Agronomist says soybean moisture readings in cold weather likely wrong

An agronomist says moisture readings on frozen crops can be deceiving.

William Wynn with Pioneer tells Brownfield with the cold temperatures, soybeans will be frozen when harvested, and getting accurate moisture data will be challenging. “Your moisture tester in your combine and even your hand-held moisture tester, if you’re putting frozen beans through that, they need to take that moisture reading that you’re getting with a grain of salt. I recommend taking that sample and letting it warm up to room temperature because you’ll gain a couple of points as the beans thaw, so they may not be as dry as what you think.”

Wynn says put frozen soybean samples in a sealed bag, and let them warm up to room temperature before testing moisture. “For beans that are frozen, you’re going to at least gain a point and a half to two points so that can make a difference between spoiling a bin or causing some issues here down the road.”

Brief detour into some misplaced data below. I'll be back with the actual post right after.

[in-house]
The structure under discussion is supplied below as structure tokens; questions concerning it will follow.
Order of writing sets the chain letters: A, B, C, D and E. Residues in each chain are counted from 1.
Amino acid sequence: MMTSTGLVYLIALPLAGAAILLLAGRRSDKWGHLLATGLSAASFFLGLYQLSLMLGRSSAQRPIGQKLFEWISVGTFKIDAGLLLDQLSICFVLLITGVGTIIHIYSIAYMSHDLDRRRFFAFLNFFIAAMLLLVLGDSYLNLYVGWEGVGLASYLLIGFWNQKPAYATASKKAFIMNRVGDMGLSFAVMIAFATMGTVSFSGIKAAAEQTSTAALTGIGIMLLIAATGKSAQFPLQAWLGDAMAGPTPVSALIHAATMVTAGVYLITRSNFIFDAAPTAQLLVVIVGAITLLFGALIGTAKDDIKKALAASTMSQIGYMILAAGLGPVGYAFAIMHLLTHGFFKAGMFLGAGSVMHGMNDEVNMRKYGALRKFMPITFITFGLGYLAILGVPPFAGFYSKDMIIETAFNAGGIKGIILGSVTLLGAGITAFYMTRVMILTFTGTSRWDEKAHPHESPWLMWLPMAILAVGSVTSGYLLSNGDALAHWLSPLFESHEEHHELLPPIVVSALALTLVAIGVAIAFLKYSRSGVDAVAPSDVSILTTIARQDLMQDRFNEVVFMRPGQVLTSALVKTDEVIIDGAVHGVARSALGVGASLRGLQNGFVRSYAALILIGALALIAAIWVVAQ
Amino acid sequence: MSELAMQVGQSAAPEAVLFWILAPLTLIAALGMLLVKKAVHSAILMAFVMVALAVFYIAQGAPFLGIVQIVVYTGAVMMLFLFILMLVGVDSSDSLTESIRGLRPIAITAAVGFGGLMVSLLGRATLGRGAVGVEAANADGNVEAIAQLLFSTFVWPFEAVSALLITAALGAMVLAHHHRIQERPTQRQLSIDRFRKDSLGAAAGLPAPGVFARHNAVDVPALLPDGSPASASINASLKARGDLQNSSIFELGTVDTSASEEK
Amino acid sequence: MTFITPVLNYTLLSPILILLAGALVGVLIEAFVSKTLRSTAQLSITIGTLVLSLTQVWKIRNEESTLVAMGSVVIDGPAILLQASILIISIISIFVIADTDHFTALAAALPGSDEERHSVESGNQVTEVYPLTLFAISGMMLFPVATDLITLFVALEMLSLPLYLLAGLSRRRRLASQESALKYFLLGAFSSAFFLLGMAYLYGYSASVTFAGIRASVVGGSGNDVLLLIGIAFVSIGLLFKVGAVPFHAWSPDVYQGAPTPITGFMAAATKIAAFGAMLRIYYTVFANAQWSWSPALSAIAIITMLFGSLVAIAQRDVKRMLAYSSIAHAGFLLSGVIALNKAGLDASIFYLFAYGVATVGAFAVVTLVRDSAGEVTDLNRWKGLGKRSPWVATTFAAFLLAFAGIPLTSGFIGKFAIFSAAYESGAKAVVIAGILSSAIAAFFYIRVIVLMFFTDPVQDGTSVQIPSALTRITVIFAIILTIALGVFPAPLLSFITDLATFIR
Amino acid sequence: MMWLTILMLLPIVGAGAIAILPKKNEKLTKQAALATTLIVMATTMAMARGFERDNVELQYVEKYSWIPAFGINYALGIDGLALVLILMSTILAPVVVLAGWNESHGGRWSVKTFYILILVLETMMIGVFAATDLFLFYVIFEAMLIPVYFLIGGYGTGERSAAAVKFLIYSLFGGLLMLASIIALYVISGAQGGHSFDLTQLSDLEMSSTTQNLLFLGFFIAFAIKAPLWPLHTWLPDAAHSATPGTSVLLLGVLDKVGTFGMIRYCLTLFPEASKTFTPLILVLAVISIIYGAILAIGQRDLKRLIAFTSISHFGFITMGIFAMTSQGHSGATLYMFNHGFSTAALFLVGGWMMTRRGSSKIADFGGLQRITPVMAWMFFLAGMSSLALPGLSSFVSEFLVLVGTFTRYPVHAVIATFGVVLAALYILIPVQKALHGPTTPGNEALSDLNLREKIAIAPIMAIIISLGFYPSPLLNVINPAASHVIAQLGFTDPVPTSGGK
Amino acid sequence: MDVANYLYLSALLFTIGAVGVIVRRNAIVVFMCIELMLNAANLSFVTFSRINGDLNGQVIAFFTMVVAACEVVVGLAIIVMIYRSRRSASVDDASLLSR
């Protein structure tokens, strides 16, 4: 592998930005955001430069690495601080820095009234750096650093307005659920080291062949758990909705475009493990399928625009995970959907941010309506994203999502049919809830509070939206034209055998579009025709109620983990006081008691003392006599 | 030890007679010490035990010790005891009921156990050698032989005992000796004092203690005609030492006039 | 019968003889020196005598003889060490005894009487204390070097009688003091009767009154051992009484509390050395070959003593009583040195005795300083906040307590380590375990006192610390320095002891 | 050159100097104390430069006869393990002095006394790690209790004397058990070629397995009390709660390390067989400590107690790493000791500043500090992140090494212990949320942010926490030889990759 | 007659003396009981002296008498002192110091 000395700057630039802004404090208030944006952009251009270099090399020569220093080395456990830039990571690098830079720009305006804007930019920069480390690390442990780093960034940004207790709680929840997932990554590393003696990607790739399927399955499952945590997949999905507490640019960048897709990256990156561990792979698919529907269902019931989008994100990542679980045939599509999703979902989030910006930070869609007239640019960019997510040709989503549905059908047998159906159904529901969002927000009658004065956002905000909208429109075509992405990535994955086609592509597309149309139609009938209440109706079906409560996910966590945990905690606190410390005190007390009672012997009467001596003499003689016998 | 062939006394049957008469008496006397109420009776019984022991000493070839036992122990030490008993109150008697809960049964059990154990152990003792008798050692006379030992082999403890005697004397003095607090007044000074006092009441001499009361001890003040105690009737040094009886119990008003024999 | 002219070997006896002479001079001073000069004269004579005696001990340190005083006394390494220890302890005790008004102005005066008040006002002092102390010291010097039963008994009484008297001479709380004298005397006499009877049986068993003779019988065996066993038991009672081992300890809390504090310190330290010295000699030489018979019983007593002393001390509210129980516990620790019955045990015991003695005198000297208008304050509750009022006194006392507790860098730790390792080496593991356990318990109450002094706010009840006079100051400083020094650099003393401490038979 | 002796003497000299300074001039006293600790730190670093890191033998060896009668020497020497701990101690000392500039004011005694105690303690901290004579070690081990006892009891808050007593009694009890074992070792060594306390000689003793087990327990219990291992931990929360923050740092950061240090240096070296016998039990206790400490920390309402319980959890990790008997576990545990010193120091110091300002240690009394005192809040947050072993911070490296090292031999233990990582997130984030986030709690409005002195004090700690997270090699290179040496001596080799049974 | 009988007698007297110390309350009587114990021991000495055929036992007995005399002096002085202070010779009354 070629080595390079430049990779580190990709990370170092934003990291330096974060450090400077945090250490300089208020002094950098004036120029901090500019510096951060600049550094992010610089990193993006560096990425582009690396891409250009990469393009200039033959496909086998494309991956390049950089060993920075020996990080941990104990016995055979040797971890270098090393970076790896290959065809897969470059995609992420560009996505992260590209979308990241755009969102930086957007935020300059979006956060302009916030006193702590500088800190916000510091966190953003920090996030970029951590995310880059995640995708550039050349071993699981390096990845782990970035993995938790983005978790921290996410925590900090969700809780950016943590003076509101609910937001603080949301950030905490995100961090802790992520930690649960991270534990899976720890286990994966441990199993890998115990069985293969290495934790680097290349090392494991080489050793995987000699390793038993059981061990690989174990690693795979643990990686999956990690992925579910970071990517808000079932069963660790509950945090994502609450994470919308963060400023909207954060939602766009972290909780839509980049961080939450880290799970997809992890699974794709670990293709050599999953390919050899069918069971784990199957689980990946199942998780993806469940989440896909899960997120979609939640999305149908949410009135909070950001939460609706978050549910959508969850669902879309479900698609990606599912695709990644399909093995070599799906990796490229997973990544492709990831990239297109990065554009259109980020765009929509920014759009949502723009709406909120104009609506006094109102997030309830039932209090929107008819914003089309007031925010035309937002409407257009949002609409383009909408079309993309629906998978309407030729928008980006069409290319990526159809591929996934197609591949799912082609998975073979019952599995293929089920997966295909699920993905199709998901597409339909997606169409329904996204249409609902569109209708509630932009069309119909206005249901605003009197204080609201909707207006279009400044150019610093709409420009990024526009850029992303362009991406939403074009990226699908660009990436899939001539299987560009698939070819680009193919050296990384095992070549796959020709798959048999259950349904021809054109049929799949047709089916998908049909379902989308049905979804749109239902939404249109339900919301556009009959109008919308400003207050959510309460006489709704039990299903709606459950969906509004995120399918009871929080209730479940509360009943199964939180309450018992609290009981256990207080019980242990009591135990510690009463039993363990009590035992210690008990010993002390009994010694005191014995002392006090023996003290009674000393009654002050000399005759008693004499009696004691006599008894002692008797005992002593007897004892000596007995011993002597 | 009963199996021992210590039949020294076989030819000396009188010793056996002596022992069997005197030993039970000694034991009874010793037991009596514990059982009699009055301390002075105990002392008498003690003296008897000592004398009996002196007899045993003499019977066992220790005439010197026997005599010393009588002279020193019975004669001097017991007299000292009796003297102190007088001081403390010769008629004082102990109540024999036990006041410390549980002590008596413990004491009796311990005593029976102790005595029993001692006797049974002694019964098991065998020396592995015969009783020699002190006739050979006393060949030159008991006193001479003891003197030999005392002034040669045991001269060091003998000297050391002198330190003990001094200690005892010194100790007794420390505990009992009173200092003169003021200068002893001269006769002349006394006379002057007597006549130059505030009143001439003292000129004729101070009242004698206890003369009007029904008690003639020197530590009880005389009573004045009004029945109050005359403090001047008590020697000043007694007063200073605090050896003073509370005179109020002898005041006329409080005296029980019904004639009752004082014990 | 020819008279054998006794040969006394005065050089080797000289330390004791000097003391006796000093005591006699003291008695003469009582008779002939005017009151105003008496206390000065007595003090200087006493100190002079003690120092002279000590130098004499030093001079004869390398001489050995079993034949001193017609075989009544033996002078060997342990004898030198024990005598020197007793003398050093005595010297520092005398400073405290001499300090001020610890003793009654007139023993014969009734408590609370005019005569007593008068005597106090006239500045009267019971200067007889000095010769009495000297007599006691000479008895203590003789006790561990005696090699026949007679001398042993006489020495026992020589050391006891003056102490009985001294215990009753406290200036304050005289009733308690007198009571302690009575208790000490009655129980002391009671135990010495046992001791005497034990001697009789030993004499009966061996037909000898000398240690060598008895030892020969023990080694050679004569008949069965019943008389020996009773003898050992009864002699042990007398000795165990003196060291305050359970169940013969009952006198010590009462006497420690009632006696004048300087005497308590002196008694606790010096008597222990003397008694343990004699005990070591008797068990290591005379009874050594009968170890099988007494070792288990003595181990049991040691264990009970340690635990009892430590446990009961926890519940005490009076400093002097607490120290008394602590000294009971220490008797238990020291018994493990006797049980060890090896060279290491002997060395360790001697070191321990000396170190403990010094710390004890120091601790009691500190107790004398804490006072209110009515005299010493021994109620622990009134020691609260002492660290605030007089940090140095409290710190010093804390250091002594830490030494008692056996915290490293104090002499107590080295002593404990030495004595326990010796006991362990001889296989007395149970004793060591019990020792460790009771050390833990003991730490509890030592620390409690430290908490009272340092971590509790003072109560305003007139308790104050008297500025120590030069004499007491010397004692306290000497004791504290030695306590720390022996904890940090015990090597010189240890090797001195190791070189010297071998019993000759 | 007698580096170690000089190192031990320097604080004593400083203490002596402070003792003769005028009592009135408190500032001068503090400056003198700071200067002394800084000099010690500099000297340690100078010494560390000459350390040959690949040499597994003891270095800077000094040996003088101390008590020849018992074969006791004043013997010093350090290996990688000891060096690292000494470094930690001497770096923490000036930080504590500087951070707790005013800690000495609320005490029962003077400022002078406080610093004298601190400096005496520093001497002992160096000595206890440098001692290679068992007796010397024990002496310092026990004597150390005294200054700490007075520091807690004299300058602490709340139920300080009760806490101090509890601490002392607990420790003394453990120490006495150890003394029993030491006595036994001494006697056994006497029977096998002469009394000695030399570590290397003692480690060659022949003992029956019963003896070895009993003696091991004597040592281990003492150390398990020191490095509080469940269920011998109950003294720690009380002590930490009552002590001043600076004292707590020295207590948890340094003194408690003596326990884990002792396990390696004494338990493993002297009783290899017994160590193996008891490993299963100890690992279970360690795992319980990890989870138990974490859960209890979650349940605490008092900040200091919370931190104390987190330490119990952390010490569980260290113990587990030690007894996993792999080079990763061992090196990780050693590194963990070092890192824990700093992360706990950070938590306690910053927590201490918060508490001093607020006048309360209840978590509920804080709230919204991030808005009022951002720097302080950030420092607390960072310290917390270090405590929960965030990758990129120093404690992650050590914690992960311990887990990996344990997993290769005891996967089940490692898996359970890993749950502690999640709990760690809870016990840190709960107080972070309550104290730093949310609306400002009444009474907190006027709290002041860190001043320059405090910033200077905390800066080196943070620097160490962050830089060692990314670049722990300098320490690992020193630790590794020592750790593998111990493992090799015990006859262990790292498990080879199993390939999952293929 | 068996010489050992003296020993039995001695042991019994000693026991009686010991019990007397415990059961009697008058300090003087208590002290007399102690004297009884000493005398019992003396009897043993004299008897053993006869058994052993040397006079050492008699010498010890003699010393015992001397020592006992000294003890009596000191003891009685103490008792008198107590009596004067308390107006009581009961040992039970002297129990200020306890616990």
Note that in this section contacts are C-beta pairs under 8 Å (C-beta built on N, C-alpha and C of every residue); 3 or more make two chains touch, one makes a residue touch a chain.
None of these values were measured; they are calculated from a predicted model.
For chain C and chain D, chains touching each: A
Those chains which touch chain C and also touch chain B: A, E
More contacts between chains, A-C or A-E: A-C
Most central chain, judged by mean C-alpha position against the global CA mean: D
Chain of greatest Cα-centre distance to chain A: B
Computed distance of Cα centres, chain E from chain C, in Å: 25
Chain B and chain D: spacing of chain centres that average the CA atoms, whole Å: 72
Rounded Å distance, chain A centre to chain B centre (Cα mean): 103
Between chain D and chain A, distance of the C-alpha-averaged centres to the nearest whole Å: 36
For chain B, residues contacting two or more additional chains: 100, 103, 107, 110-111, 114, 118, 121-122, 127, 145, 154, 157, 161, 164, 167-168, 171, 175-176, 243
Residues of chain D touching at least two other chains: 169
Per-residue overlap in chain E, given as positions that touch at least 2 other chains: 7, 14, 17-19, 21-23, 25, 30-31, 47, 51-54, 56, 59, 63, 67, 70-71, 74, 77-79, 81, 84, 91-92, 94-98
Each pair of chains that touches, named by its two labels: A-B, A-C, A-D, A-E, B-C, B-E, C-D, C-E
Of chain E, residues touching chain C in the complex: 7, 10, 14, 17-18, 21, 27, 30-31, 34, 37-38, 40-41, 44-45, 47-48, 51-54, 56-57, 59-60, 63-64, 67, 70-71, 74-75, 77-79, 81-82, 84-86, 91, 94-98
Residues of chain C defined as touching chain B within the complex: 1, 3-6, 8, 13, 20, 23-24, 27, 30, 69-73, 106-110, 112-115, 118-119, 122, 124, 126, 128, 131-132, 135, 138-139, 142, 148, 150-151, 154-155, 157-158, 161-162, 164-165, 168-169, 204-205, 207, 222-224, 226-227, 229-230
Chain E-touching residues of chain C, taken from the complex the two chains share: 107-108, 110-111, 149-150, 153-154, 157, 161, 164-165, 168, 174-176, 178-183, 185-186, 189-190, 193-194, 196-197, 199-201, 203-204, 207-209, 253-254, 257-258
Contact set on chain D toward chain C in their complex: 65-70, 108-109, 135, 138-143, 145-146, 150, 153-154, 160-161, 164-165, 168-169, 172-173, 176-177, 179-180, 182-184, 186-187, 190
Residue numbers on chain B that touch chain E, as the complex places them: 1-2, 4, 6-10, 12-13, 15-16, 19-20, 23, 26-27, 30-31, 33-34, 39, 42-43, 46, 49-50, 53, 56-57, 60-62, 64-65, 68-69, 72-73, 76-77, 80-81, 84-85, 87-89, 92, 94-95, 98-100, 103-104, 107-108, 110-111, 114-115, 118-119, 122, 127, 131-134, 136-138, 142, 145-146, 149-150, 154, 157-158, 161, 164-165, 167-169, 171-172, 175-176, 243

University of Wisconsin experts say drying soybeans at 100 degrees Fahrenheit will minimize split beans.

As far as the harvest in Wisconsin, Wynn says, “I’d say Madison, Wisconsin area and south, you’re looking at probably upwards of 55% of the corn being harvested. North of Madison, I’d say that number drops to close to 40%. On the soybean side, probably south of Madison looking at 80% complete and working north, I did see a little bit of work being done where they didn’t get snow last week and about 50% completed on soybean harvest.”

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